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07-29-2004, 01:15 PM
  #1
Darth Milbury
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Hockey in Tampa

Just curious: Now that the Bolts have won the cup, and basically have one of the best young teams in hockey, how is the NHL being received down there in Tampa? I've visited the Tampa-St. Pete area several times, thought it looked like a great place to live, but always doubted that hockey would stick in such a warm and steamy city (despite all the northern transplants).

It think it is sort of ironic that the two warmest cities in the NHL (Tampa and Miami) now basically have two of the best young teams. Its not hard to imagine a situation in Florida that is equivalent to the old Alberta situation with both Calgary and Edmonton being great teams. Teams are going to go on their southern road trips and get their butts handed two them by two great FLA teams.

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07-29-2004, 02:18 PM
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It think it is sort of ironic that the two warmest cities in the NHL (Tampa and Miami) now basically have two of the best young teams.
What have the Panthers done to merit even being mentioned in the same PARAGRAPH let alone SENTENCE with the world champion Tampa Bay Lightning?

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07-29-2004, 04:16 PM
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Pete has a point, but anyway, on to your question, Darth.

I'd say that hockey is past being a "fad" here, the team's been here a dozen years now, plus we all know that people like a winner. Fans here got severely screwed when Espo was forced by the Japanese owners to dismantle a team that appeared to be on its way up, and I think that left a sour taste in a lot of people's mouths. There are some serious diehards who've been there since the beginning (a lot of the people on this board!), but there were also a lot of more casual fans who were turned off by some really, REALLY bad seasons and who were waiting for stable ownership and a decent team before they put their faith in the Bolts again and started going to games.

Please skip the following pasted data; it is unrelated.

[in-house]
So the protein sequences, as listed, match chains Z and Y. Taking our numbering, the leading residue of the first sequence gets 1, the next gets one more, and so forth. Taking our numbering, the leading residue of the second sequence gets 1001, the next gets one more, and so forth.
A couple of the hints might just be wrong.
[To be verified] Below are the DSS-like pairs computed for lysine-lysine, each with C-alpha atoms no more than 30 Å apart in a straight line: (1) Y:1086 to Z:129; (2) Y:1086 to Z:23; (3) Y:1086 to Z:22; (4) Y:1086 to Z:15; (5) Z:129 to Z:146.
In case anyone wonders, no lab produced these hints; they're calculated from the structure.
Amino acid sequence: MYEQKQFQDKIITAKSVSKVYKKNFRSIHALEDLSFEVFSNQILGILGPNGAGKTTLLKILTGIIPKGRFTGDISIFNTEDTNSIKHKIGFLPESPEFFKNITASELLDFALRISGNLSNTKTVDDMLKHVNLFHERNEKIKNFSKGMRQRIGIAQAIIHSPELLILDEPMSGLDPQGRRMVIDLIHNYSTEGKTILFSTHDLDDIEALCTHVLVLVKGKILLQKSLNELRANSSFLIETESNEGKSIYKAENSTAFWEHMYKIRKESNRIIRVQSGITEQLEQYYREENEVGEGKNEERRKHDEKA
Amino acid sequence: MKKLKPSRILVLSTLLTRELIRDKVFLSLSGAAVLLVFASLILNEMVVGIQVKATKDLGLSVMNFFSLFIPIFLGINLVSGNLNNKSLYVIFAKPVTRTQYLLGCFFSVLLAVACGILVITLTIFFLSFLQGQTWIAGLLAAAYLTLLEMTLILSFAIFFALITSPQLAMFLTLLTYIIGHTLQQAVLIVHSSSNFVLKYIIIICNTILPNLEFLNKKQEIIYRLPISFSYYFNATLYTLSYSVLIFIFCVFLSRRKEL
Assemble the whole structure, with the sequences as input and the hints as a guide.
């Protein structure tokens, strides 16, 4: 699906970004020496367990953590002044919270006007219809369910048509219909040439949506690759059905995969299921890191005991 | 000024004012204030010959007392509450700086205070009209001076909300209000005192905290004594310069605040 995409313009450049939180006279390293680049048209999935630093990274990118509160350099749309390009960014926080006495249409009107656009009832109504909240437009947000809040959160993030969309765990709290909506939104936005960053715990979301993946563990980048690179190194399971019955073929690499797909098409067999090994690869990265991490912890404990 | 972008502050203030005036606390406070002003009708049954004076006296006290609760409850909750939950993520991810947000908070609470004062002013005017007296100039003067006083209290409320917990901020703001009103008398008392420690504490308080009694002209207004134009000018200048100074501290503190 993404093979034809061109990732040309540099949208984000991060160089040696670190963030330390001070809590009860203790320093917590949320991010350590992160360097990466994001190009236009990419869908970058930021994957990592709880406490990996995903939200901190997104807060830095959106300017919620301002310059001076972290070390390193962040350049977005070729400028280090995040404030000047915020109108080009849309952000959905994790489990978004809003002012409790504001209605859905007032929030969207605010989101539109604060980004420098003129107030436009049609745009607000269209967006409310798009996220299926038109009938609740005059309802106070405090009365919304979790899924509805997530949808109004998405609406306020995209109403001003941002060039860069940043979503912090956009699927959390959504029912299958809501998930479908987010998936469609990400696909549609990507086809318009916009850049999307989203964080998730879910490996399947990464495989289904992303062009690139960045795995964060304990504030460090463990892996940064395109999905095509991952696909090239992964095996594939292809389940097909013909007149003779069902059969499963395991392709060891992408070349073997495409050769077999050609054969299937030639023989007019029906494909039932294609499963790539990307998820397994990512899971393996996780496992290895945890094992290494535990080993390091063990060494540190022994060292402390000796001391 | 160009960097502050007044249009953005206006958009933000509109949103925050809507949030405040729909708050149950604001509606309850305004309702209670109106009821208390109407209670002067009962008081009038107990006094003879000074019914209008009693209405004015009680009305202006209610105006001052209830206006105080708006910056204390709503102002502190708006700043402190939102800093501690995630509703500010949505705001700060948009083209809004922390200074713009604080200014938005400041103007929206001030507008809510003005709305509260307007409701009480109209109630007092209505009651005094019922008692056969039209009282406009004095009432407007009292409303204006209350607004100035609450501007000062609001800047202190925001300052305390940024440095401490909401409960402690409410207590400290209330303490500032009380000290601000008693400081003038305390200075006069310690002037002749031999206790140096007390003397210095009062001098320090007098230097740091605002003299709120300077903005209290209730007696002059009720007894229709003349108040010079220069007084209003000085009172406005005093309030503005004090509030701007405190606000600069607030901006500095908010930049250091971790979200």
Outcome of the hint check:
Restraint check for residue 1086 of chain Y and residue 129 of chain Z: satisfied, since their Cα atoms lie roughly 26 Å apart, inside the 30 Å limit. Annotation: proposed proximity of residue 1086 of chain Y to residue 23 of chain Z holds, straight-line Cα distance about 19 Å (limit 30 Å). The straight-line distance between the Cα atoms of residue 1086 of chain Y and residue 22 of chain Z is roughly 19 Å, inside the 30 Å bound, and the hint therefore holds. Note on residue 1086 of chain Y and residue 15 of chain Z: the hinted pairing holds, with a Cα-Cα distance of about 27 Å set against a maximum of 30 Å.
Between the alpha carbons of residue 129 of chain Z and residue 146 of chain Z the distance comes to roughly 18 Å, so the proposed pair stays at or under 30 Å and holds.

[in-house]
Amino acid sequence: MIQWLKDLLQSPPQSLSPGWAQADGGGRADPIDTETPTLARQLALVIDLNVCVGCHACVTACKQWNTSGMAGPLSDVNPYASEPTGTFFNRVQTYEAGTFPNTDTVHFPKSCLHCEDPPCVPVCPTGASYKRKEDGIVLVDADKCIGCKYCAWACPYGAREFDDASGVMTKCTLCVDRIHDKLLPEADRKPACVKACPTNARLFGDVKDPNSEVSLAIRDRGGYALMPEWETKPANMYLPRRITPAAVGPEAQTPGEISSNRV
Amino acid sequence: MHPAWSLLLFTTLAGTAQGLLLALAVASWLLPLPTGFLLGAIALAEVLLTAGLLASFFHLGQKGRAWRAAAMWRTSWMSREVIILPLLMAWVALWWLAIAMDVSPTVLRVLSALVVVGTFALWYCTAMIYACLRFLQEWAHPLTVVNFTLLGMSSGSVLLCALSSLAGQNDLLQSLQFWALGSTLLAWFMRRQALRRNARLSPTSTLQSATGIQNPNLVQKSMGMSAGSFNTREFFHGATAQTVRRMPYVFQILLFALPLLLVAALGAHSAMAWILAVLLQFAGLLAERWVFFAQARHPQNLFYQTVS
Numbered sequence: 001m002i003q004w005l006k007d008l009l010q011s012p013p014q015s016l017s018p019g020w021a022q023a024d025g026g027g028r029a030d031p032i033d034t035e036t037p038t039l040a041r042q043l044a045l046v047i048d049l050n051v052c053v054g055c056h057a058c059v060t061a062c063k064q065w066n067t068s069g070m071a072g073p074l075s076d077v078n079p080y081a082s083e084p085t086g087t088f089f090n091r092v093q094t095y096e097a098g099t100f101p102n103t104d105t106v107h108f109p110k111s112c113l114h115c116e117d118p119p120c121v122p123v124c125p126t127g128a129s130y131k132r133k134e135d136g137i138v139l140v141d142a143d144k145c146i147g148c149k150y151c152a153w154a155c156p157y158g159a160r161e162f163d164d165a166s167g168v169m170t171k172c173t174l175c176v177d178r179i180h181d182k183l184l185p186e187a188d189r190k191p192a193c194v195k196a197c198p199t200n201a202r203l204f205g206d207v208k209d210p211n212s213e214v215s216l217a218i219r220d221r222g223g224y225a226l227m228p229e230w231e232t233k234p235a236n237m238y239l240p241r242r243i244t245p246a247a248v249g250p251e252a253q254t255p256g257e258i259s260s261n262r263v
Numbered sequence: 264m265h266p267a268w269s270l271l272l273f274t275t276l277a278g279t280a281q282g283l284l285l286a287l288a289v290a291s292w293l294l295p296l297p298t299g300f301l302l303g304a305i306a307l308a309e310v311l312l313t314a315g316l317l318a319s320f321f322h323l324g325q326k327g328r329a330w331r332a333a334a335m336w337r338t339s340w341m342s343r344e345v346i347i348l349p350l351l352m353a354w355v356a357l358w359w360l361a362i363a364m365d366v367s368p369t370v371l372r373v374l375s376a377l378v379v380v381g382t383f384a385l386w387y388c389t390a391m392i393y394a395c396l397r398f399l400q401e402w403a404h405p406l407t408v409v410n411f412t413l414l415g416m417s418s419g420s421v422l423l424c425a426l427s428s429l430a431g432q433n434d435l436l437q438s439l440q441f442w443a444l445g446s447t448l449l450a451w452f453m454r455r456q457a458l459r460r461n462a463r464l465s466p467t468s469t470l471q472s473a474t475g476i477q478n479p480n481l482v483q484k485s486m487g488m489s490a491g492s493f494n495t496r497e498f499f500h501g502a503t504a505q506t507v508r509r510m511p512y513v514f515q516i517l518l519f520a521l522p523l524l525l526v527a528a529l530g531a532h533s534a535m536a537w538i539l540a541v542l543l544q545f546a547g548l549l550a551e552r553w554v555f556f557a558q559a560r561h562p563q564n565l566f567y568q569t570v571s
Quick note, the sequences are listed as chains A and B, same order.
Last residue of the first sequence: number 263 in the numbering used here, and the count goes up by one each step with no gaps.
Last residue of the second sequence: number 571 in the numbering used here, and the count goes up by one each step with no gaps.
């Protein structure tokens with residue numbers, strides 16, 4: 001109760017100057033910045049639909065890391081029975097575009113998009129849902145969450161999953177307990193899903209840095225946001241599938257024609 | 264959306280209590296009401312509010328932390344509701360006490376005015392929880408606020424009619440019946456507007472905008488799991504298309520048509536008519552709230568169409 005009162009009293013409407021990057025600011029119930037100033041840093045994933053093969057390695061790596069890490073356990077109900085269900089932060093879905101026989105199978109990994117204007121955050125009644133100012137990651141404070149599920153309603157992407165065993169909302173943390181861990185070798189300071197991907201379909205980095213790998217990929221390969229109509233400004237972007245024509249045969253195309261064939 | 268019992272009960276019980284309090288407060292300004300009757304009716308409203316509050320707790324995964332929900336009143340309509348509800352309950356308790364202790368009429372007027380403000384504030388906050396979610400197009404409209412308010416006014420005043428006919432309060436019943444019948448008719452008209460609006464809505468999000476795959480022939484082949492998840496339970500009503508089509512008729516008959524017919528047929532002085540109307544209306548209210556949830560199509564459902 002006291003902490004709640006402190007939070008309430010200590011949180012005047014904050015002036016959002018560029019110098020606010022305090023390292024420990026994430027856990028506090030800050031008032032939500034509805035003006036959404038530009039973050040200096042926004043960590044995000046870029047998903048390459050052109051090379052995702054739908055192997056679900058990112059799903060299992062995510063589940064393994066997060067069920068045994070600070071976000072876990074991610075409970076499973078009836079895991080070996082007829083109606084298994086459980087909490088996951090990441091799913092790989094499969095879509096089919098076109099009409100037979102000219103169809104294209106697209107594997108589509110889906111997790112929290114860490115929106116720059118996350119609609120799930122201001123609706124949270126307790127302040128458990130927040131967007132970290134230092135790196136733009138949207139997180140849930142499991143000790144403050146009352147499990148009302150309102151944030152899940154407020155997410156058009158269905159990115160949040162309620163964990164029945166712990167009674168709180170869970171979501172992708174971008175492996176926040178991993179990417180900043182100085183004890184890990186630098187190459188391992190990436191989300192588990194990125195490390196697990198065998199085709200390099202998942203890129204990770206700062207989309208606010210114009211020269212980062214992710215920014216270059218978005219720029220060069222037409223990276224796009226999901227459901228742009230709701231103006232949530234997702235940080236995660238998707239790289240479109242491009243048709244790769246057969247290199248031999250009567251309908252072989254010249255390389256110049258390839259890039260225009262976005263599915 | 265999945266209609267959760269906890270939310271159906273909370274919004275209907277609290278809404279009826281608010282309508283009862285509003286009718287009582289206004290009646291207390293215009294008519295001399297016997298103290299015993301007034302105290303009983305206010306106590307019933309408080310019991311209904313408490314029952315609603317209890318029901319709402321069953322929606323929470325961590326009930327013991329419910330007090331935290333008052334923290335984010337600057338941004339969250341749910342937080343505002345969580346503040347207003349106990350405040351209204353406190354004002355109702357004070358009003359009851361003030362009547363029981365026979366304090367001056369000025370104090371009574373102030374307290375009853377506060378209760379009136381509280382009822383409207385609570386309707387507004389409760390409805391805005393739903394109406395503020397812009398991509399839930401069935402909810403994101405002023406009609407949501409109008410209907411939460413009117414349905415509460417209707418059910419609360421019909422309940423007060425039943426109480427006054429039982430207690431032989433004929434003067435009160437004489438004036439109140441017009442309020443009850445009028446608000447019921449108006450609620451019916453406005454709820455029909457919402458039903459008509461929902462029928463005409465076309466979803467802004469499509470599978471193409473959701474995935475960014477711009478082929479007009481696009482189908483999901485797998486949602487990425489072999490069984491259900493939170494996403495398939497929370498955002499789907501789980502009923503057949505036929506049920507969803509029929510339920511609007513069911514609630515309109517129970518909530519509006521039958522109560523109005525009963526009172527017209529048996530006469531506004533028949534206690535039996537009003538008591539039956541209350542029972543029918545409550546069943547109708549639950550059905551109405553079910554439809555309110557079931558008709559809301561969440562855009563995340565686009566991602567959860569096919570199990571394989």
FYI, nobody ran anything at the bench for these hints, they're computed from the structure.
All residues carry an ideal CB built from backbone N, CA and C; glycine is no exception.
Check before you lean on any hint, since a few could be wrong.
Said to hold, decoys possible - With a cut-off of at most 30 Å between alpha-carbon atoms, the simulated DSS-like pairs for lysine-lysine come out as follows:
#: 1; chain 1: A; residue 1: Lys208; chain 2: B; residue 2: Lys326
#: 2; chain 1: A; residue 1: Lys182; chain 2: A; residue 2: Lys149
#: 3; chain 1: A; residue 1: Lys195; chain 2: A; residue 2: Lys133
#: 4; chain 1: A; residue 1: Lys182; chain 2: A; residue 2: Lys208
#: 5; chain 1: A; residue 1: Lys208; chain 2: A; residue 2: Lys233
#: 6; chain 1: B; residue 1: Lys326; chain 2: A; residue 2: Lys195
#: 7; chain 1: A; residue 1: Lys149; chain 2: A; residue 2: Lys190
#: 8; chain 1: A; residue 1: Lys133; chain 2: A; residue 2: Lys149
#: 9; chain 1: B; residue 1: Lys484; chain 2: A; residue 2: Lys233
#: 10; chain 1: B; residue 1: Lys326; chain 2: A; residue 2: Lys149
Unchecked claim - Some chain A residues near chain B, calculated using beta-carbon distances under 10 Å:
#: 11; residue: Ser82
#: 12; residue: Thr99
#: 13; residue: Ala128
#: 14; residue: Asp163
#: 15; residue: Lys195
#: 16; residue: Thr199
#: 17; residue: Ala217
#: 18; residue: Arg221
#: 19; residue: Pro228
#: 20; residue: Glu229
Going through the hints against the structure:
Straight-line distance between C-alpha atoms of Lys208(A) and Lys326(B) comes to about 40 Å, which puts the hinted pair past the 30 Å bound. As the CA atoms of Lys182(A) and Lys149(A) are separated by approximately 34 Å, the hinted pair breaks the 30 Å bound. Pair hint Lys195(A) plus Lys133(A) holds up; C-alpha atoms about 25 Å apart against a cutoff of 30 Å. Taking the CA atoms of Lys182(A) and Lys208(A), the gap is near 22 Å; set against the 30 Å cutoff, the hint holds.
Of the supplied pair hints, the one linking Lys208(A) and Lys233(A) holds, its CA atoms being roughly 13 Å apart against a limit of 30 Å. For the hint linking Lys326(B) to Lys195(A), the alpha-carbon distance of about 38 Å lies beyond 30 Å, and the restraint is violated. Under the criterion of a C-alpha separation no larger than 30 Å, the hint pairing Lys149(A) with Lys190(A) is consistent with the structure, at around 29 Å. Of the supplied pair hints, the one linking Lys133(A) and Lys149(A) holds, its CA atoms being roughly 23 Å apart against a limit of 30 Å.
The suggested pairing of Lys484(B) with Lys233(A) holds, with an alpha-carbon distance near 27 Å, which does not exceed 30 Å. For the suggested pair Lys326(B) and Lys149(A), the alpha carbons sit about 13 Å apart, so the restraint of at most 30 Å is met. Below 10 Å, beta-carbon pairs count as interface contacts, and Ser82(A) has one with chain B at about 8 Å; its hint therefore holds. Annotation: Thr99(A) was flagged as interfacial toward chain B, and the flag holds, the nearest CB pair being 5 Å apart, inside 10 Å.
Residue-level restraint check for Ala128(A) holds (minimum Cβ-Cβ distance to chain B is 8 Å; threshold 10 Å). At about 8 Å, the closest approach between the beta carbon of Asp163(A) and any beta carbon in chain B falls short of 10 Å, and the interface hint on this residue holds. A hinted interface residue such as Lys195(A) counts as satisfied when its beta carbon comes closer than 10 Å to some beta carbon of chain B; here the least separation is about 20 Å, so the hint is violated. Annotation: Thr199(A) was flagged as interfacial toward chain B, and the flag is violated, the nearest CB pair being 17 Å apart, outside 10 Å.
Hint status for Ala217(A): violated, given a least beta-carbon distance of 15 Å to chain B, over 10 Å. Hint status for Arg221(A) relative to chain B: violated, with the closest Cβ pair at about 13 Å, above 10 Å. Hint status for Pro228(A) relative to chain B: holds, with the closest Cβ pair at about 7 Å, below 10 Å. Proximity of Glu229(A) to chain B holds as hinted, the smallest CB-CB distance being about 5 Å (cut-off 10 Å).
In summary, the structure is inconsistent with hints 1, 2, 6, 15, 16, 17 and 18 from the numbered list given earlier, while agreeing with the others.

It will be very interesting to see what happens with season ticket sales and attendance next season, as there are basically no excuses anymore (i.e., people saying if the team wins they'll show up). Attendance has been rising (I think) since the current ownership took over, but I think that if this team keeps it up, the Bolts may soon be the hottest ticket in town. The Bucs having some problems helps that IMO, as the casual sports fan may be more inclined to go to a Bolts game instead of spending the $$ on a mediocre Bucs team.

The playoffs this year really did capture a new audience, I think. Some of the later rounds were breaking all records for local TV ratings of NHL games. They packed people into the Forum like sardines, and hundreds of people who couldn't get tickets sat outside in the heat and watched the games projected on to the side of a parking garage. (I was at some playoff games with standing room only tickets last year, and people were jammed in then, how they got another thousand into the building on top of that is beyond me) I'm interested to see how high the interest level will be next year and in the coming years, but it was definitely at an all time high this spring.

Hope that helps, I'm kind of just rambling on.

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07-29-2004, 04:22 PM
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It does help, Sontos, and I appreciate the perspective.